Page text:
Some companies game the system by having an extremely bright output for two minutes and then dropping the output to a much lower level – as low as 11% – to squeeze out unrealistic runtimes.
Here we can see Streamlight reports very accurate runtime information. From the initial output, the TLR-4 maintains 90+% of its initial output for more than an hour. At about 1:15, it slopes down but holds above 20% past a total runtime of 1 hour 30 minutes.
Compared to most other lights in the industry, this is exceptionally impressive. I commend Streamlight for its very accurate reporting. I wish everyone did this.
Real World Use
For this Streamlight TLR-4 review, I attached the weapon light to a Smith & Wesson M&P9 that I recently purchased. As I was trying the gun out for concealed carry, I figured the compact TLR-4 was a good match to keep weight and bulk down.
In addition to carrying the gun with the light attached, I spent a great deal of time at the range. With any new pistol, I try to spend a lot of time getting used to the gun and confirming its reliability. Since I was shooting anyway, this proved to be the perfect opportunity to test the reliability of the TLR-4.
The unit mounted securely to the pistol’s rails and stayed snug after repeated firing. I found no problems with the durability or reliability of this unit during my extensive testing.
Since that time, I’ve also tested the TLR-4 on multiple other pistols including, but not limited to, a H&K VP9, Smith & Wesson SD40, Walther Creed, Glock 19, Springfield Armory XD Subcompact and CZ P-07.
I found the light performed very well, illuminating targets at up to 15 yards clearly. At interior room distances, the TLR-4 was more than adequate at lighting up the targets and disorienting a subject on the wrong end of the gun.
The TLR-4 is water and impact-resistant and is designed to work in temperatures from -10 F to +120 F. While I wouldn’t stick it into an oven, it certainly seemed to work fine in the hot, humid Florida atmosphere.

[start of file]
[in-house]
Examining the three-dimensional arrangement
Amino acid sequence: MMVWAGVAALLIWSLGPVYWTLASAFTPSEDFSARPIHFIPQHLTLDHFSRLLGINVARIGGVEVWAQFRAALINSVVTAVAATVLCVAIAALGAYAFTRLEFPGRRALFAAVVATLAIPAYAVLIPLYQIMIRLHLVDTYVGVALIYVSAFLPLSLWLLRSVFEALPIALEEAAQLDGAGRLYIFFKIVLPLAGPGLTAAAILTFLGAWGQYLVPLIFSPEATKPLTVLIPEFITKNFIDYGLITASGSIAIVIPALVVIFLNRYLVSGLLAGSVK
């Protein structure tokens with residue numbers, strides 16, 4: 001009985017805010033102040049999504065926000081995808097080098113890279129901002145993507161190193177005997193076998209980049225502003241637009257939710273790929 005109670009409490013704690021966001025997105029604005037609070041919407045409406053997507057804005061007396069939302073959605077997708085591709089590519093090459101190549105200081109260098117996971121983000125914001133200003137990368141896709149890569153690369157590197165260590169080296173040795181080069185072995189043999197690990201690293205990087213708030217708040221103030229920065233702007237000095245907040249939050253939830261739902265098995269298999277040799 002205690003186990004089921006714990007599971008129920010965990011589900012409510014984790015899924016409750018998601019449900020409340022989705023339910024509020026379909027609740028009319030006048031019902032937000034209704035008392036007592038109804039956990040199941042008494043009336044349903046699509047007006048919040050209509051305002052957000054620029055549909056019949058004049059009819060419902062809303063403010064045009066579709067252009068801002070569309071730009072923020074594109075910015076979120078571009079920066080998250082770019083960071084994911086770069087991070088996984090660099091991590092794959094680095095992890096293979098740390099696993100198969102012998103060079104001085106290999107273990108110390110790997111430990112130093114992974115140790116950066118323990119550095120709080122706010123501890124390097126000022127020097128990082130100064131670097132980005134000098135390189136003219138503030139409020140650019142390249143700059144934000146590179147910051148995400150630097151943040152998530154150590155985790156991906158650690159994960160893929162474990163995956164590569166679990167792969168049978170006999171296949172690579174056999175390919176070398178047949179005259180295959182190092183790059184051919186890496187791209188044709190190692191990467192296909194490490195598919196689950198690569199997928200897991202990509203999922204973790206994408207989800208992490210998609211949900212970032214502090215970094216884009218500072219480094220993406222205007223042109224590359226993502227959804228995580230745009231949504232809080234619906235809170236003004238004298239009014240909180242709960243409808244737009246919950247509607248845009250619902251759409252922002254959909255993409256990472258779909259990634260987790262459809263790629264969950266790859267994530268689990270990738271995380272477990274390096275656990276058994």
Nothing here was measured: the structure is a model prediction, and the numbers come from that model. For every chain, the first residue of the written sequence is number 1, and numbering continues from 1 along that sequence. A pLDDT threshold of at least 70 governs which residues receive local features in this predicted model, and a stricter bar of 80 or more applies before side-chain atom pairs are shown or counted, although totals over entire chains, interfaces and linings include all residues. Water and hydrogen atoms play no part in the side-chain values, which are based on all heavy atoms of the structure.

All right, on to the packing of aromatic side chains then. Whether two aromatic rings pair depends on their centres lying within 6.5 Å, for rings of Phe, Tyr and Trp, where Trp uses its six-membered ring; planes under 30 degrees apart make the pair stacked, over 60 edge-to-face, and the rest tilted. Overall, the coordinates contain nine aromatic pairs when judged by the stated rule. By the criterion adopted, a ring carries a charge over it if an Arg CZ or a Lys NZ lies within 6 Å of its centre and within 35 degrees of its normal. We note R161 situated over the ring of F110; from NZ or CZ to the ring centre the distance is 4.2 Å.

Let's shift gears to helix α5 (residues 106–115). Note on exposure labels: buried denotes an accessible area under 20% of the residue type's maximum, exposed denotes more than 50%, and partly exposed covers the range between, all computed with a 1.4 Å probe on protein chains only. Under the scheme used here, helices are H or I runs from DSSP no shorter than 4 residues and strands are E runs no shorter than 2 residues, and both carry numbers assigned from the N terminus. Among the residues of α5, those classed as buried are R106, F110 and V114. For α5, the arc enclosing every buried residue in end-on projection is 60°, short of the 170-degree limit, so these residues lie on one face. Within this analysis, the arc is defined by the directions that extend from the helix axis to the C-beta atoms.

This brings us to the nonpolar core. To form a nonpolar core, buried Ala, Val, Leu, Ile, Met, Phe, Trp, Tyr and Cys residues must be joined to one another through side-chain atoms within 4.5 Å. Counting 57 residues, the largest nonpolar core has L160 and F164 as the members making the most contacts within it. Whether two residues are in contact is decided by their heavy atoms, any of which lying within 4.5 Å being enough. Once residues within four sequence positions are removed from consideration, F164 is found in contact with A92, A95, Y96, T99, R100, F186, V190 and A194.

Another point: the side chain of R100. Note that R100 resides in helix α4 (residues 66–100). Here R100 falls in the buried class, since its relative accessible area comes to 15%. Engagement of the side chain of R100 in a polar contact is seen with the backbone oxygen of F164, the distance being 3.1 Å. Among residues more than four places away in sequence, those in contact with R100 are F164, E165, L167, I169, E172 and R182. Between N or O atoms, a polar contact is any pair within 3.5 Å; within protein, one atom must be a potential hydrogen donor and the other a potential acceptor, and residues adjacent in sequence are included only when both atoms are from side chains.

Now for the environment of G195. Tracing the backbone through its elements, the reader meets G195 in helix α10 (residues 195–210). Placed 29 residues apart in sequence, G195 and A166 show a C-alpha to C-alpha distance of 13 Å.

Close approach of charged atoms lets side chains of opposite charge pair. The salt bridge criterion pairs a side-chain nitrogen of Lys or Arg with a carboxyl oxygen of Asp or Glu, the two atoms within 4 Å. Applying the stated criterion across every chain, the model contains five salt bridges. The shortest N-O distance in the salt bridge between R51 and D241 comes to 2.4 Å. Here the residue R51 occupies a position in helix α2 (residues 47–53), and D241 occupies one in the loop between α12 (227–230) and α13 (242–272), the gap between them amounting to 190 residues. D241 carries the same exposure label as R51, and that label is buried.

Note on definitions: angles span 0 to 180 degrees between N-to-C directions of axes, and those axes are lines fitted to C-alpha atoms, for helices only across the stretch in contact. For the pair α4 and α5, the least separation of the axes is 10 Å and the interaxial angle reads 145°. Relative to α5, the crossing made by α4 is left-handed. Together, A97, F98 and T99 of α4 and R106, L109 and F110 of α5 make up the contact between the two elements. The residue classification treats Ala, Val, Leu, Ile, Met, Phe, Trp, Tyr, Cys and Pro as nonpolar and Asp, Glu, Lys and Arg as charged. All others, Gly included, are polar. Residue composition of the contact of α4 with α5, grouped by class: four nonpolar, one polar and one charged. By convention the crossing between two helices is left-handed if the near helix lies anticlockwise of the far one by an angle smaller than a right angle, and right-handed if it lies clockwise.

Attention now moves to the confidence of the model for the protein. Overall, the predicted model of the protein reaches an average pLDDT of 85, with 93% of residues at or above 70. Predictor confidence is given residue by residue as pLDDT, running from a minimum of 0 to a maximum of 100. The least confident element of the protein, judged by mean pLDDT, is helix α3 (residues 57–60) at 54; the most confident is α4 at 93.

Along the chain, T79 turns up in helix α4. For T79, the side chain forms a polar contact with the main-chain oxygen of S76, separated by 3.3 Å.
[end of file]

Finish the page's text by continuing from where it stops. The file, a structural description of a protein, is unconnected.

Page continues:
Initially, the laser needed slight adjusting to sight it where I wanted it. Adjustments were easy to make, using the windage and elevation screws. Once dialed in, the laser did not move or need readjustment after firing. It simply worked as you would expect it to.
There are many weapon-mounted lights available on the market. In that regard, the TLR-4 is not unique.
It lacks a little of the oomph that come with newer lights rated for 600 or more lumens. It is also a bit clunkier than some modern choices.
Nevertheless, the unit is a solid performer. It it tough, handles extended use on real-world weapons and is backed by one of the biggest names in tactical flashlights.
Like other Streamlight illumination tools, the TLR-4 comes with a limited lifetime warranty. Very few of my Streamlight products have ever had an issue – but when they have, the company always came through.
It is offered for sale for a suggested retail price of $215. The weapon light is available at much cheaper prices through online retailers. For example, Optics Planet has it listed for less than $140. At that price, the light is worth strong consideration. I’d much rather have it than one of the many Chinese brands that seem to have flooded the market.
Last Update: August 5, 2021